Some of the others were not so simple, and I’ve forgotten all but one.

I made some notes for a draft post, but never finished it. Maybe I squibbed it. I certainly did not want to get into a public stoush with Bob Carter. In fact I decided that countering contrarians like Carter was best left to proper scientists. I’ve looked and can’t find the draft.

I know that we all have to go, but 74 is too young. I extend my sympathies to his family and friends.

The photo comes from the SMH article.

6 thoughts on “Vale Bob Carter”

  1. I emailed Carter on a climate change issue in 2008. I was delighted when he responded minutes later from Europe where he was waiting for a flight.
    His response was cautious and whilst his response was as I expected, he nevertheless advised care when discussing the point.
    I can’t recall what my query was. That he replied so promptly to a humble student from UNE and suggested I be careful how I used his opinion helped me maintain academic and personal respect for Carter even if his opinions differed so greatly from mainstream science.
    That was my only direct contact with Carter but he did remain as an adjunct professor at JCU. I understand he continued working as a consultant. As Brian said, 74 is a bit early to let go and I am sorrowed by his death.

  2. Geoff, I understand Carter’s adjunct professorship was discontinued by James Cook in 2013. His supporters believe it was because of his climate change views.

    Readfearn reported on it back then. Essentially he wasn’t doing enough to retain the position. Clearly the university did not regard his climate stuff as relevant.

    I’m told that he was also denied library facilities. I heard that another professor hired him one hour a week as a tutor to get around this, but the university wouldn’t play. I’m not sure what his entitlements should have been as a professor emeritus.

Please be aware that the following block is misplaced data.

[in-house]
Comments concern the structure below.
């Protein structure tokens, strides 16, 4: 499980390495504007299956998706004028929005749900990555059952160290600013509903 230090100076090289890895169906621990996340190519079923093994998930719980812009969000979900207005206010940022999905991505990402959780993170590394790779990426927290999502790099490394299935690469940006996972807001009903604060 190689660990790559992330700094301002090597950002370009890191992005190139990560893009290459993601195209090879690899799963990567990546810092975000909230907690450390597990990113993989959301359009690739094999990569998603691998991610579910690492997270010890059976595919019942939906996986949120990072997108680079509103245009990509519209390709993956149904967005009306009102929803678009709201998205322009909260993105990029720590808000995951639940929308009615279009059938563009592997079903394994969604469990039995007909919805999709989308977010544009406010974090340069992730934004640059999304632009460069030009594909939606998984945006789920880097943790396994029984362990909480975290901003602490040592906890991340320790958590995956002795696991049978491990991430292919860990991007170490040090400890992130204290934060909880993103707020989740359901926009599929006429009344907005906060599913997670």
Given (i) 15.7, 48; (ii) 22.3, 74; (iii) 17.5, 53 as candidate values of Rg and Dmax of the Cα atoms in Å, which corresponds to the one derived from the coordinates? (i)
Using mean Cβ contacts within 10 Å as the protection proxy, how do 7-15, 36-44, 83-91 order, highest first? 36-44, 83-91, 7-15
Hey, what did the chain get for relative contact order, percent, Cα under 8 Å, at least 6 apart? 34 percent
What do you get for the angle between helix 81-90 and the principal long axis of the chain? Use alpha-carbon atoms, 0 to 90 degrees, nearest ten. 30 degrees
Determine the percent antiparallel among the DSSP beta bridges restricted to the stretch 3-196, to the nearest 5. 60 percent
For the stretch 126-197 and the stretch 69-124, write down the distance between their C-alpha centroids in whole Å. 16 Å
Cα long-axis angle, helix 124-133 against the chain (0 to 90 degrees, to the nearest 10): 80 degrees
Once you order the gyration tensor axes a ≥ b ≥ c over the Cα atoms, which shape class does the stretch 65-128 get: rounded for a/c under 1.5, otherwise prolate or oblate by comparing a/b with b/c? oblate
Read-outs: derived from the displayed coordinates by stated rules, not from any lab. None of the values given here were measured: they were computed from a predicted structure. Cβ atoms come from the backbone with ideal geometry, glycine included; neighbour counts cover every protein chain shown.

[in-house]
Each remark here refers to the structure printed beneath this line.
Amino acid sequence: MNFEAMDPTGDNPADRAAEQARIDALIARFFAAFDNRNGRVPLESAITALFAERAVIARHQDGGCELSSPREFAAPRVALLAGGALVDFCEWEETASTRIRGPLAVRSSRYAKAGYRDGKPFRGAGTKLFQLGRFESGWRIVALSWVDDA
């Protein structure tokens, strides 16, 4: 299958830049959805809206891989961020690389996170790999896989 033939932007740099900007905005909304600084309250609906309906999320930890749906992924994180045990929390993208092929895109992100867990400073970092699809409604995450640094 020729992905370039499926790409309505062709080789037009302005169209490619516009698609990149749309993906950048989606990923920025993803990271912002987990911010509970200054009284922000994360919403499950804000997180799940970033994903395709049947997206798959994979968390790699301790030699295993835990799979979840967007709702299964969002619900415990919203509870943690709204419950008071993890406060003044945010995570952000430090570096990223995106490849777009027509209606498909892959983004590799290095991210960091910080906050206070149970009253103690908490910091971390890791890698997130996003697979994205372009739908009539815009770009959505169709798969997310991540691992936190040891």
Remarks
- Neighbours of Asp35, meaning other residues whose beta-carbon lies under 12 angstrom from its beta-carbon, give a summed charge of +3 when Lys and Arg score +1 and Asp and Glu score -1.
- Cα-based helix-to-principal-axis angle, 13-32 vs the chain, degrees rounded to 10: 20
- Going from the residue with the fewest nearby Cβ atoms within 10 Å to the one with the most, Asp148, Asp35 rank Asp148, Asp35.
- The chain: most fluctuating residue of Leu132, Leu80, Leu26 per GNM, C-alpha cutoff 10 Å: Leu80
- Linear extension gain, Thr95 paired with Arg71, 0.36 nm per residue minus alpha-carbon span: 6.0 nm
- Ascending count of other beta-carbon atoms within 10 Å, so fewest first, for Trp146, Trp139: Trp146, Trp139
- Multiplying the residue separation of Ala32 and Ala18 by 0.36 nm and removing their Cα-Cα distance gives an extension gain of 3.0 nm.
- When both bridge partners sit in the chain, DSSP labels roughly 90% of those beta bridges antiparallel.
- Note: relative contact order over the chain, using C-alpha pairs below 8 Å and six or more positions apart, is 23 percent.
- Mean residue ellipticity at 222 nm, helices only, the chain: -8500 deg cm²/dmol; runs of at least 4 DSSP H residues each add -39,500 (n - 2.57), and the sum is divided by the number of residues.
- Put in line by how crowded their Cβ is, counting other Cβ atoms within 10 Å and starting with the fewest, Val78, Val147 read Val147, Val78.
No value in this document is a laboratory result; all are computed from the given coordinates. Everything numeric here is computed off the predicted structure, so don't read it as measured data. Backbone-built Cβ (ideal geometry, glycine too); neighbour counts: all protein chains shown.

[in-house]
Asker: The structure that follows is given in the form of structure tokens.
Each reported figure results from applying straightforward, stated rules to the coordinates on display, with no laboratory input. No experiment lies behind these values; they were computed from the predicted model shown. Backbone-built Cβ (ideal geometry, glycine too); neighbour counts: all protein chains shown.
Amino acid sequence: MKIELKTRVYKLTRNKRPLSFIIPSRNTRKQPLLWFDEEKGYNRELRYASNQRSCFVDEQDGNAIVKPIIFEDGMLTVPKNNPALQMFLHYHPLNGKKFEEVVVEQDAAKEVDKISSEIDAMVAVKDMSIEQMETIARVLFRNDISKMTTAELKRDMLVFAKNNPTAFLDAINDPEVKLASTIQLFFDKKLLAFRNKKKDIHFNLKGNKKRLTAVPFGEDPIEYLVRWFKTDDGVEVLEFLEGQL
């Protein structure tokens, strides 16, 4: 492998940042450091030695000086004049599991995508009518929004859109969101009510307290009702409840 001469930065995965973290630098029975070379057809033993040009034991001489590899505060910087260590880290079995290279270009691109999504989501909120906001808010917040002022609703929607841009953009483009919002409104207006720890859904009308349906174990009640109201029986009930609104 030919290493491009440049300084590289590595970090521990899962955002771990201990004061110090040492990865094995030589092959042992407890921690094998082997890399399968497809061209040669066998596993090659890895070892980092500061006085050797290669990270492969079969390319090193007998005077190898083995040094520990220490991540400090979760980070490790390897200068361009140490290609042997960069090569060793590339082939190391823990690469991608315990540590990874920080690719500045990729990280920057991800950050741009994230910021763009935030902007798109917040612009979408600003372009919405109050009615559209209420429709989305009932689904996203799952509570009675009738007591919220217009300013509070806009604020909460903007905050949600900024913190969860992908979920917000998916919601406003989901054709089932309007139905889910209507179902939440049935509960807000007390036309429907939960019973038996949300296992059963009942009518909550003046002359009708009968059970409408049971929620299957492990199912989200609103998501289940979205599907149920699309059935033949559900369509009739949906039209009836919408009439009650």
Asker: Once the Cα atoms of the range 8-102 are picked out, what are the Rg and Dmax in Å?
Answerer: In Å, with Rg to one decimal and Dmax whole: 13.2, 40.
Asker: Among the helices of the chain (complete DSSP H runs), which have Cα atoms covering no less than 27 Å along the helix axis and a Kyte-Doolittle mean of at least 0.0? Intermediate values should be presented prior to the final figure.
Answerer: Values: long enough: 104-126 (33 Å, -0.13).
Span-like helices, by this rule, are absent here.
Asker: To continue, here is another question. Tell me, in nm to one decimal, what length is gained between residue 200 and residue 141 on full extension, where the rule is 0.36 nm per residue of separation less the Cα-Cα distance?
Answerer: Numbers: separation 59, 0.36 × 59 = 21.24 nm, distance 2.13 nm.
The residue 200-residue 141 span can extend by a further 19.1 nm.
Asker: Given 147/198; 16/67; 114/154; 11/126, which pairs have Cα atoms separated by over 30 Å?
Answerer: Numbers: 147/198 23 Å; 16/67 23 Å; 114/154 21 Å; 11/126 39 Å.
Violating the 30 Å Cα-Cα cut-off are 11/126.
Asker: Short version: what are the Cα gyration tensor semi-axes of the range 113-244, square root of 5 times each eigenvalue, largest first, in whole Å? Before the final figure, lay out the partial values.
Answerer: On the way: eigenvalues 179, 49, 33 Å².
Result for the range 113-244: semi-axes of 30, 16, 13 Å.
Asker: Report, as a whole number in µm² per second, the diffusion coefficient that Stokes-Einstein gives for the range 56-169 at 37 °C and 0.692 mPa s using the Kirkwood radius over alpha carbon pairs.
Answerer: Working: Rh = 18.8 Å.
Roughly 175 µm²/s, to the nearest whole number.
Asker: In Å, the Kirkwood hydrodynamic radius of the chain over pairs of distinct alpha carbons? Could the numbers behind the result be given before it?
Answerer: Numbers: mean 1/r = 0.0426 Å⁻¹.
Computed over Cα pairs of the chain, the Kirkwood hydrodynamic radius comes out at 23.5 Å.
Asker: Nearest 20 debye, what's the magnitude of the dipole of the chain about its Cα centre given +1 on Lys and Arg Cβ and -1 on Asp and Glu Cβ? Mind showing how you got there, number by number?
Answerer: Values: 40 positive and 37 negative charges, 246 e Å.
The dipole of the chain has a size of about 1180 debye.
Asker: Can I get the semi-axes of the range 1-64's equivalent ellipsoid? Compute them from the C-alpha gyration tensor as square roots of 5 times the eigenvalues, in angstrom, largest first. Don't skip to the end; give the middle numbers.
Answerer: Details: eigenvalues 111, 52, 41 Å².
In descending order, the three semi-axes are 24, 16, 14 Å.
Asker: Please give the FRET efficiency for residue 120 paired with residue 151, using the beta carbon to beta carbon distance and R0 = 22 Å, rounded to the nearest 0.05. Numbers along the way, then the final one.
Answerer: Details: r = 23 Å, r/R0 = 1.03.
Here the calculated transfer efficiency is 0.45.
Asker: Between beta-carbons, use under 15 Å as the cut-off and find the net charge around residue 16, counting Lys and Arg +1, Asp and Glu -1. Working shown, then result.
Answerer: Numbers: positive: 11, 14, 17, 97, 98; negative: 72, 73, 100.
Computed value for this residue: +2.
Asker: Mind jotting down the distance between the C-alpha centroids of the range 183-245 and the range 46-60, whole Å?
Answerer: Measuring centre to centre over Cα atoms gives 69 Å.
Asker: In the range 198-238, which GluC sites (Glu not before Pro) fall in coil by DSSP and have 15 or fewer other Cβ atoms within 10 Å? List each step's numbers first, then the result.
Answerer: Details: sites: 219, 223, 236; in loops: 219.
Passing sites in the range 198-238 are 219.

3. Brian: This seems to be an ethical dilemma.

    One the one hand, he seems to have been quite happy to have his skills and prestige used by less worthy people so as to satisfy their greed and to hide their manifest vandalism. That immediately brought to mind a comparison with the thoroughly dishonourable eagerness of some eminent senior military officers, in the late 20thCentury, in allowing some very grubby political and business scoundrels to use their prestige for nefarious purposes.

    On the other hand, the recent behaviour of JCU towards Bob Carter smells to high-heaven of pay-back and just plain nastiness. It brings into question the role of universities as marketplaces of contending or challenging ideas.

    It is a pity he died before he had a chance to review his old view-point in the light of evolving evidence.

  4. Brian

    Thanks for posting this.
    I never met Bob Carter, but a large number of tributes mention his warm human qualities; and above is another such, from Geoff Henderson.

    Bob Carter was a prolific and energetic scientist. “Findings” in science can be used by others in many varied ways. (As can a sentence or paragraph in a novel.) Sometimes a scientist becomes a public protagonist, e.g. Carter, Karoly. Sometimes a scientist tries to stay ‘above’ the fray. It seems that JCU didn’t stay neutral.

    A far more tragic example, in my view, was the work – by thousands of others – which developed the ‘atom bomb’ from research indicating that nuclear fission was possible. I read that Dr Lise Meitner, one of the co-discoverers, would not participate in the Manhattan project or its UK cousin after she guessed what they were up to.

    Genies and bottles.

    Vale Bob Carter.


    [A tribute to Brian too: I value your open-mindedness.]

  5. Thanks, Ambigulous.

    Graham, I think there was little chance that Carter would ever have changed his views. I don’t really want to go into the arguments, because I might do him an injustice, and he has no chance of replying.

  6. Fair enough, Brian.

    Ambigulous: Is it just me or is a heightened awareness of Unexpected Consequences a defining feature of thought in 2015~2016?

Comments are closed.